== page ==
French philosopher and Father of Sociology, Auguste Comte, wrote in his 1830 essay entitled Course of Positive Philosophy that “Human progress consists essentially in the evolution of the moral and intellectual qualities proper to man. Various circumstances facilitate and retard this progress.”
As far as I know, Auguste never said anything about Philadelphia during Spring Break. And yet that didn’t stop me from walking out of Market Street Station late last Saturday, glancing over the eclectic assortment of characters that make up city nightlife, and flashing back to his words on the supreme importance of human progress. I let my mind wander to how Auguste would feel, dressed up in his best suit jacket and looking out over the teeming masses.
I imagined he would have rolled his eyes and thrown up his hands in the middle of Market and 16th street, causing a few early drunks to stumble out of the way.
“Moral and intellectual qualities? Where’s the progress? Where is that person’s pants?!” He would say. Except, you know, in French.
Or maybe Comte would have thrown on some tight jeans and an ironic t-shirt, grabbed his flask, and joined in on the merriment. We’ll never know.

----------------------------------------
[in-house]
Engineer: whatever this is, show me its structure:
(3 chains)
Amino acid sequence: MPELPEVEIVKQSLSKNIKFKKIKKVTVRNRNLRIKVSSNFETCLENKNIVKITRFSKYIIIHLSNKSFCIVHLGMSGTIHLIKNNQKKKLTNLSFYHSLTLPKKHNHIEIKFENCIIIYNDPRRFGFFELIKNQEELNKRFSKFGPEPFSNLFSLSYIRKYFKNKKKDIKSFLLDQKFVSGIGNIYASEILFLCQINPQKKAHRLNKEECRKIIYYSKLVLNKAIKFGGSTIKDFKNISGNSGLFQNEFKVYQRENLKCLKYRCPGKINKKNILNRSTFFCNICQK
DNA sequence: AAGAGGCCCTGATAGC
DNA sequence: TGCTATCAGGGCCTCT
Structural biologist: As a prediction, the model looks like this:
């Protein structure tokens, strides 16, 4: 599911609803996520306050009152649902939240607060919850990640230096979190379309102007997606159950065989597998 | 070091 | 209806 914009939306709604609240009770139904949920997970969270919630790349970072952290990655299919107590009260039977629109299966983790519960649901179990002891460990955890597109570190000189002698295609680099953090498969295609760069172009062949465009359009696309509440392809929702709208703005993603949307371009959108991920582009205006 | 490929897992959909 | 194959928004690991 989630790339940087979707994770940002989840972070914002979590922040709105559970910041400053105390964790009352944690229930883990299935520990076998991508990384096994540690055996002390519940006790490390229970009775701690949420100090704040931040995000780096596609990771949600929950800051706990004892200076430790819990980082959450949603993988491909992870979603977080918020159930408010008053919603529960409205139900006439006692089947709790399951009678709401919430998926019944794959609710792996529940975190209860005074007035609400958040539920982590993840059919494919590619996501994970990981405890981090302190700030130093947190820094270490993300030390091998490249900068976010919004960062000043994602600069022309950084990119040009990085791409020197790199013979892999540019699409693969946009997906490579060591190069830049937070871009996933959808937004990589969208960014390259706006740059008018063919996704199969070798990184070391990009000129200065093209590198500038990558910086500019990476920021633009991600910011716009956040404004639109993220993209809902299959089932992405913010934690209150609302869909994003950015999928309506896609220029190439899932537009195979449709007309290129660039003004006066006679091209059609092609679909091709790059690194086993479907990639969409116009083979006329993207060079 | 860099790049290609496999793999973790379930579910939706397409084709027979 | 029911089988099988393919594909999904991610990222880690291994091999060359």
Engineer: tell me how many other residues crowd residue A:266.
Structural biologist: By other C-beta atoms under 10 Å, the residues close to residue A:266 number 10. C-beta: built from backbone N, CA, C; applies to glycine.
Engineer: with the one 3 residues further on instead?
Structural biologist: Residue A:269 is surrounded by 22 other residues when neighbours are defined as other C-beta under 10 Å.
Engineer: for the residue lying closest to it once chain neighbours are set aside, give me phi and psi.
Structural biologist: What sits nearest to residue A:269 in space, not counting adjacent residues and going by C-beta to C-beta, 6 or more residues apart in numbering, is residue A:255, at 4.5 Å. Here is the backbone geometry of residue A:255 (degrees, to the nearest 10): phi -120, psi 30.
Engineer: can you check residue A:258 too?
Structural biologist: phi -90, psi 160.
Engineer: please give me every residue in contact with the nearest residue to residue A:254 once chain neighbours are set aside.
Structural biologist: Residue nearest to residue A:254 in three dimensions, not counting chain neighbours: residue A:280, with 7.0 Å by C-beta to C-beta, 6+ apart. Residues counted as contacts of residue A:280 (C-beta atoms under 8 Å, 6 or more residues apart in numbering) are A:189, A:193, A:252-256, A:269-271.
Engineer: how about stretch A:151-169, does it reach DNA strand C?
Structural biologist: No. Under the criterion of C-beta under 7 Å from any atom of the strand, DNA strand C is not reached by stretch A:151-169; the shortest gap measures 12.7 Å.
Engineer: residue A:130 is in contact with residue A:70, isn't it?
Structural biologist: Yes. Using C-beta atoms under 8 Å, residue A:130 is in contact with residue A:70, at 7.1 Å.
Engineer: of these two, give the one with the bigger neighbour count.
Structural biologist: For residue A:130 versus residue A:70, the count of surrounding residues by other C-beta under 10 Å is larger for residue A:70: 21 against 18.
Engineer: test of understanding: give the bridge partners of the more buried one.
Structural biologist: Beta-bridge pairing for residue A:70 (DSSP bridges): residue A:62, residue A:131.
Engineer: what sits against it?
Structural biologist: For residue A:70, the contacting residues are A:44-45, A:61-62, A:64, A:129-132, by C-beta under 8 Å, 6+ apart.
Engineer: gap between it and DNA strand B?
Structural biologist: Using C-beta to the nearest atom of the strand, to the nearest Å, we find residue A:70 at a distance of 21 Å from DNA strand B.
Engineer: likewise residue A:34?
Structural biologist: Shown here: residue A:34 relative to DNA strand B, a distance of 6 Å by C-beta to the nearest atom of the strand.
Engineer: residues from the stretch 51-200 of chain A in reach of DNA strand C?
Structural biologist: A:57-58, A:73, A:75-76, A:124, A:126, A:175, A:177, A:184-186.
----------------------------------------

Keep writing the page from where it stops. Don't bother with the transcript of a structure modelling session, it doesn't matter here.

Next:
As it happened, Comte was not there, so I smothered the 214 year old philosopher’s voice in my head and refocused on the present. Three of my closest friends were visiting, and I’d promised them a night out on the town. Headed towards Old City, we marched by the beautifully lit Independence Mall, admiring the historical significance while simultaneously getting cat calls from across the street. All of the attention was focused on my friend K, we realized early on. K, unlike the rest of us, had bravely and/or foolishly decided to expose herself to the elements in a very short and very tight dress and heels combination. Spring fever outfit. Various circumstances.
Walking down Chestnut Street, we neared Penn’s Landing and the sounds of impending bars. “You wear them legs, girl!” a tall woman shouted at my friend K as we walked by. The women’s comment was undoubtedly the most empowering we heard all night, and it soon became our Spring Break feminist mantra, meant to give us confidence in any situation. Come on, you can go to the bathroom by yourself, you wear them legs. You don’t need anyone to buy you a drink, girl, you just wear your own legs.